These states -- including Wisconsin -- are ditching Columbus Day to observe Indigenous Peoples' Day instead

A statue of Christopher Columbus at a downtown Los Angeles park is surrounded by a chain-link fence on October 9, 2017 in Los Angeles, California. By Scottie Andrew and AJ Willingham, CNN

(CNN) -- Columbus Day has been a political lightning rod for states, cities and municipalities around the US for years now. Some have decided to do something about it.

Virginia is the latest state to officially observe "Indigenous Peoples' Day" instead, a holiday to recognize the native populations that were displaced and decimated after Christopher Columbus and other European explorers reached the continent.

Technically, Columbus Day is a federal holiday, which means it is recognized by the US government and thus brings the closure of non-essential government offices, and, usually, places like post offices and banks.

But states and local governments can choose not to observe a federal holiday. And, as is the case with a growing number of places, change the name and intent of the October holiday altogether.

Not listed here are more than 130 cities that have ditched Columbus Day for Indigenous Peoples Day -- and the list grows yearly.

States that officially celebrate Indigenous Peoples' Day

Alaska: Observes Indigenous Peoples' Day as of 2017

Gov. Bill Walker signed observances of the holiday in 2015 and 2016 before making the switch official in 2017.

Hawaii: Observes Discoverers' Day in place of Columbus Day

Maine: Observes Indigenous Peoples' Day as of 2019

New Mexico: Observes Indigenous Peoples' Day as of 2019

Oregon: Observes Indigenous Peoples Day as of 2017

South Dakota: Observes Native American Day as of 1990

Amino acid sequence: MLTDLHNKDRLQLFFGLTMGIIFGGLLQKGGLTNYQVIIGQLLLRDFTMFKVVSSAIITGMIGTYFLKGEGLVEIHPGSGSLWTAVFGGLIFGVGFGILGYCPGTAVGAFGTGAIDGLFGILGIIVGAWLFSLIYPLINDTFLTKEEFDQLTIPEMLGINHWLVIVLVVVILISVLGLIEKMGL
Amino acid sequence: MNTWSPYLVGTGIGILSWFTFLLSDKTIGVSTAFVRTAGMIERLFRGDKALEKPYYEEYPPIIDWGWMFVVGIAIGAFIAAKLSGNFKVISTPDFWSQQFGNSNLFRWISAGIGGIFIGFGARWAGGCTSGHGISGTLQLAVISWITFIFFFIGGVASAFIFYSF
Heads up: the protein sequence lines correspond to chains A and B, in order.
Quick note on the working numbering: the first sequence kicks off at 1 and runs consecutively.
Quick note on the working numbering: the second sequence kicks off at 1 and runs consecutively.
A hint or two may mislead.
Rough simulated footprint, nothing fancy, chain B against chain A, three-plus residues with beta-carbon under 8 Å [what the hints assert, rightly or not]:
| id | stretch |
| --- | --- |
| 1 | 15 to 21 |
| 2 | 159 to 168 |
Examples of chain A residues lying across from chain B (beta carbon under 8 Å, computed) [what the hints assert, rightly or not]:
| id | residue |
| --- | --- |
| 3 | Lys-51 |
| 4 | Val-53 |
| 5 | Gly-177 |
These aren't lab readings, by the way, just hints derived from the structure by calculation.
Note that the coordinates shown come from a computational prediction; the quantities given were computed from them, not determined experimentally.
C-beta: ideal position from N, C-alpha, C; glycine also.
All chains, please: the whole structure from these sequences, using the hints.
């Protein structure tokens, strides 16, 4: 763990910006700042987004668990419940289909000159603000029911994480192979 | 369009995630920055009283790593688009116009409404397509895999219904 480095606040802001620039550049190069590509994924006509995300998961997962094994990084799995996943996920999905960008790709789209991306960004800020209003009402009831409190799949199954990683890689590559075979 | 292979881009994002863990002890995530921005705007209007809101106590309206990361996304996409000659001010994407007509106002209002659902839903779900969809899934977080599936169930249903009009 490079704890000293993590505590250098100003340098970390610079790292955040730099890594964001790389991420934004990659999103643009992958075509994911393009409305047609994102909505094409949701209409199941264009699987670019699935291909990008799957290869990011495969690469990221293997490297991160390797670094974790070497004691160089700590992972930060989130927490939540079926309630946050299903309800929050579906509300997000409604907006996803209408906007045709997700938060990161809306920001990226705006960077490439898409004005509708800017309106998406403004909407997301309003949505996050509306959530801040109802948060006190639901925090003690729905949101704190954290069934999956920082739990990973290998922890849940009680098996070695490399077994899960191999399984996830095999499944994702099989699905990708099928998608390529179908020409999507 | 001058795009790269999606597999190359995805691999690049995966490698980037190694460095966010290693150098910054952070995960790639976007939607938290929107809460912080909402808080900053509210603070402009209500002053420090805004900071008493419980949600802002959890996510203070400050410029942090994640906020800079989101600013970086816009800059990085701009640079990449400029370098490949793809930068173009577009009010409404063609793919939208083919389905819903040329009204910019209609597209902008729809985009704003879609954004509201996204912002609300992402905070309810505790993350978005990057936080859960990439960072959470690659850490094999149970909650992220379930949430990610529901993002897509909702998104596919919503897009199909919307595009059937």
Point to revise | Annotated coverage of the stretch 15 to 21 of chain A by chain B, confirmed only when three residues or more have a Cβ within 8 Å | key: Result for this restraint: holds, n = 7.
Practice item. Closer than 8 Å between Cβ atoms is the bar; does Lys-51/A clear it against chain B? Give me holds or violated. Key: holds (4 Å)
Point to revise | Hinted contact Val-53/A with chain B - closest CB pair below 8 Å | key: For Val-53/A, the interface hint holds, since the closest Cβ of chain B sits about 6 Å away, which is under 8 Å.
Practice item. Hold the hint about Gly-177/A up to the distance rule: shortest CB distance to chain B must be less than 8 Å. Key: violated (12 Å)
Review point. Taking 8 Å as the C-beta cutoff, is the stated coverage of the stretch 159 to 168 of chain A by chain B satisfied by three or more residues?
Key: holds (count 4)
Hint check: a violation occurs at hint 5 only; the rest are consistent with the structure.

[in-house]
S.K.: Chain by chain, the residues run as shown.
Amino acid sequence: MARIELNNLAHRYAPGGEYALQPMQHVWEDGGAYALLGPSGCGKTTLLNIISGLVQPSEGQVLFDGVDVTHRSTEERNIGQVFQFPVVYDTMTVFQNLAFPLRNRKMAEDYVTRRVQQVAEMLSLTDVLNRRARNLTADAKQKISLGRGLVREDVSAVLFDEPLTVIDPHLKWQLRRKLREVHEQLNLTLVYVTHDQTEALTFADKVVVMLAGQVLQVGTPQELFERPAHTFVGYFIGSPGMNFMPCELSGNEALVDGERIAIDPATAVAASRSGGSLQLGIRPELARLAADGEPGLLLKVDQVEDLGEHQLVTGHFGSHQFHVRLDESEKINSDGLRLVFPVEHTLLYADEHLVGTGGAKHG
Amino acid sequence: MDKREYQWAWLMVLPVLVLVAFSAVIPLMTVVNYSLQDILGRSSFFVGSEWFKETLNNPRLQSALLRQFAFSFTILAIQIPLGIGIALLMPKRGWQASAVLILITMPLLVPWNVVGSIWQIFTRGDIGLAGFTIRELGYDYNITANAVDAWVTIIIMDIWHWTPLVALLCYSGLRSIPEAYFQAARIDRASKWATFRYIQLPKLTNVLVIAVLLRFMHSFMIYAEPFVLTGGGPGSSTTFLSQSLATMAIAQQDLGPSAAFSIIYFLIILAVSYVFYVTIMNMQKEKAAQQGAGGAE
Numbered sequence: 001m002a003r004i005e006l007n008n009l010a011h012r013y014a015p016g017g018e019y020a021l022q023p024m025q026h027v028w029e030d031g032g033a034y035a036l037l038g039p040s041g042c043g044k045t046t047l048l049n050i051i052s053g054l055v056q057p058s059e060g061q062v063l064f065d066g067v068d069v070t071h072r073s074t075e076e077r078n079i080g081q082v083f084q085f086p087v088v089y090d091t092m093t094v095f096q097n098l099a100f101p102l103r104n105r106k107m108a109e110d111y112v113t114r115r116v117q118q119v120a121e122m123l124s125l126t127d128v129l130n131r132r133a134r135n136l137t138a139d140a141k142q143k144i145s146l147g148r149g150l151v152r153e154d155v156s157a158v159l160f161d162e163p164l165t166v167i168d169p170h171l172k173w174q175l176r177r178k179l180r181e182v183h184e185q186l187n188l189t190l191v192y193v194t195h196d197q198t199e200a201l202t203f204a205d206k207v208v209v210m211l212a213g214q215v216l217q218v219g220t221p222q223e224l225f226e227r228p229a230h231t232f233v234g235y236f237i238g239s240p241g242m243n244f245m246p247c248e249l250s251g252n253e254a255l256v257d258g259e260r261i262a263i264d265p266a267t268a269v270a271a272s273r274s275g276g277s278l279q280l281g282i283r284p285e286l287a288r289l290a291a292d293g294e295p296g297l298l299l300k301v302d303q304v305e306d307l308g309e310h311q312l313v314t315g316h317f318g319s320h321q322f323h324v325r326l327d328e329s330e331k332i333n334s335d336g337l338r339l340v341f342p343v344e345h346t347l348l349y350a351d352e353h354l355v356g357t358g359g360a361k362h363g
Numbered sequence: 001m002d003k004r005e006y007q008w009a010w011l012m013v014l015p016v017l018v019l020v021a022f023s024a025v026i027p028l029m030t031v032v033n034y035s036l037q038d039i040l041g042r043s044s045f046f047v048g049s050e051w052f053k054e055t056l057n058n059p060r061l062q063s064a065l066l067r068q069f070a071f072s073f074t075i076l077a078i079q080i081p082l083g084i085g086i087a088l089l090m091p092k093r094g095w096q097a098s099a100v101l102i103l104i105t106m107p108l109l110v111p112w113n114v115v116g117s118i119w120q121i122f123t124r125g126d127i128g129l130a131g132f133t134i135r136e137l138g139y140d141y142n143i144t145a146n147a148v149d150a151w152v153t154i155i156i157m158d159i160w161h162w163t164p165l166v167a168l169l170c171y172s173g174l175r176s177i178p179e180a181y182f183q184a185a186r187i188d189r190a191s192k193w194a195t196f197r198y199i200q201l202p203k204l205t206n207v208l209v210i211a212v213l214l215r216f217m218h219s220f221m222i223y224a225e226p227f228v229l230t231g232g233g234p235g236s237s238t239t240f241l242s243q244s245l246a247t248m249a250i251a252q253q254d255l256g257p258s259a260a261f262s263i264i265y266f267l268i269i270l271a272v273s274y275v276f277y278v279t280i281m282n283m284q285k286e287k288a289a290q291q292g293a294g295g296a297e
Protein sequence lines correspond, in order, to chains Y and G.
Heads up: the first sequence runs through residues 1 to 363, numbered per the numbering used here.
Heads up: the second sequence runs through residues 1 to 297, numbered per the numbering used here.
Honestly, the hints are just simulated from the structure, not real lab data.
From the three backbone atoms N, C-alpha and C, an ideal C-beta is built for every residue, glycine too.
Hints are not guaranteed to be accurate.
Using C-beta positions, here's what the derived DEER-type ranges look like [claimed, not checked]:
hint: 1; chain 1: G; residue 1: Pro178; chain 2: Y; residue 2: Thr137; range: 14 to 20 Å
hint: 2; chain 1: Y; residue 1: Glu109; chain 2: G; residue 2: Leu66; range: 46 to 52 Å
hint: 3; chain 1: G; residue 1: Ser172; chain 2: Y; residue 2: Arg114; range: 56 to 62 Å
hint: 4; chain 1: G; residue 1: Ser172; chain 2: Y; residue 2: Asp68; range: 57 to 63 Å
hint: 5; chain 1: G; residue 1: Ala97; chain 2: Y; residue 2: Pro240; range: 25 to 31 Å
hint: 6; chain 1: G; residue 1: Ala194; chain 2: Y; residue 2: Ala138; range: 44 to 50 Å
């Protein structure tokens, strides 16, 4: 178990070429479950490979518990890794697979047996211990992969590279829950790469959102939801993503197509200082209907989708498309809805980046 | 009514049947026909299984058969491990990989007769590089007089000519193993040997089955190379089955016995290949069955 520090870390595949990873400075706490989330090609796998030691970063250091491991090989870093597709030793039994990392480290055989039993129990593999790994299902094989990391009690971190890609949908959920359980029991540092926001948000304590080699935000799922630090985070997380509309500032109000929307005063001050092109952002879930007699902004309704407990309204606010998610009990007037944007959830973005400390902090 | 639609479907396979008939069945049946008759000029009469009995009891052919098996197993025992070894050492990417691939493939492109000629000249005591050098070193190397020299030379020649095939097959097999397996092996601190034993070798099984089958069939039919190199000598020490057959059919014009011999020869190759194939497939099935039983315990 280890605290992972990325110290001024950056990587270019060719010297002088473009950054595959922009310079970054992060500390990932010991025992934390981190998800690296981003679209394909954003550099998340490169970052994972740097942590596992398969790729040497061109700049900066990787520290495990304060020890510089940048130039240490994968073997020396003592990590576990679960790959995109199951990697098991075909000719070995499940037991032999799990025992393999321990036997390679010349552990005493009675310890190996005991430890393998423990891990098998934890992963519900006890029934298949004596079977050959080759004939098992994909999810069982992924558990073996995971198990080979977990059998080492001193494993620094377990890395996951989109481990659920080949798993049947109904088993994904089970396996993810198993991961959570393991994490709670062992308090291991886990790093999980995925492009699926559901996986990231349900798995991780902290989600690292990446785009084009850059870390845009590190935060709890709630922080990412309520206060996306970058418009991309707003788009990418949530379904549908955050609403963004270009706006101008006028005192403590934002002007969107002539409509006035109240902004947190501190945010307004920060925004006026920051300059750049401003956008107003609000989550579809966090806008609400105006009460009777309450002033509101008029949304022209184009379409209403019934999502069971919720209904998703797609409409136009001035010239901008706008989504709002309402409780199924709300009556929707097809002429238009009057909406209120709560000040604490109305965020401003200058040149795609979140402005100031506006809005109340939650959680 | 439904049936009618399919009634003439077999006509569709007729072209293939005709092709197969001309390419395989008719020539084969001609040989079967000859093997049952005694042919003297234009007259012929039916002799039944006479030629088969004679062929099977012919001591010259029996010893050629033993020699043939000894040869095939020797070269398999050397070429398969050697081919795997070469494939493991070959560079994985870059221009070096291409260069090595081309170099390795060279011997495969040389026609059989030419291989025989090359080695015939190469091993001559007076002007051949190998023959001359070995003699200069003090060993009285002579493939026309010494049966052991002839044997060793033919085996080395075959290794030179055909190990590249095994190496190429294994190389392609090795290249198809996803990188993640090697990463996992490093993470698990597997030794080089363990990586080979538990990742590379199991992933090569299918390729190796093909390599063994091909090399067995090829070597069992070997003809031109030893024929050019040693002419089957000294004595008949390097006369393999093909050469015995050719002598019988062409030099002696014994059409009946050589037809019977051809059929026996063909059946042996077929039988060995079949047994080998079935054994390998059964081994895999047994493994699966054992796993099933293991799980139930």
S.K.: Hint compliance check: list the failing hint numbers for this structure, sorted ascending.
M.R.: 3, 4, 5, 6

Vermont: Observes Indigenous Peoples' Day as of 2019

States and DC that observe Indigenous Peoples Day via proclamations

Iowa: Iowa Gov. Kim Reynolds made a proclamation in 2018 designating Columbus Day as Indigenous Peoples' Day.

Louisiana: The Pelican State doesn't recognize Columbus Day. Gov. John Bel Edwards declared October 14, 2019, the state's first Indigenous Peoples' Day but hasn't issued a 2020 proclamation yet.

Michigan: On October 14, 2019, Gov. Gretchen Whitmer declared the day to be Indigenous Peoples' Day "to uplift our country's indigenous roots, history, and contributions."

Minnesota: In 2019, Gov. Tim Walz signed a proclamation declaring the second Monday in October Indigenous Peoples' Day. The state is home to 11 Tribal Nations.

North Carolina: Gov. Roy Cooper has made yearly proclamations designating the second Monday in October as Indigenous Peoples' Day.

Virginia: In 2020, Gov. Ralph Northam declared Monday the first Indigenous Peoples' Day in Virginia, calling it an "important step in creating an inclusive, honest Commonwealth." The state is home to 11 native tribes.

Wisconsin: Gov. Tony Evers established Indigenous Peoples' Day via an executive order days before the observance in 2019.

Washington, DC: The DC Council voted to replace Columbus Day with Indigenous Peoples' Day a few days before the 2019 observance.

States that celebrate both holidays

Alabama: The state celebrates both Columbus Day and American Indian Heritage Day.

Oklahoma: In 2019, the state voted to move Native American Day to the same day as Columbus Day so the two could be celebrated concurrently.

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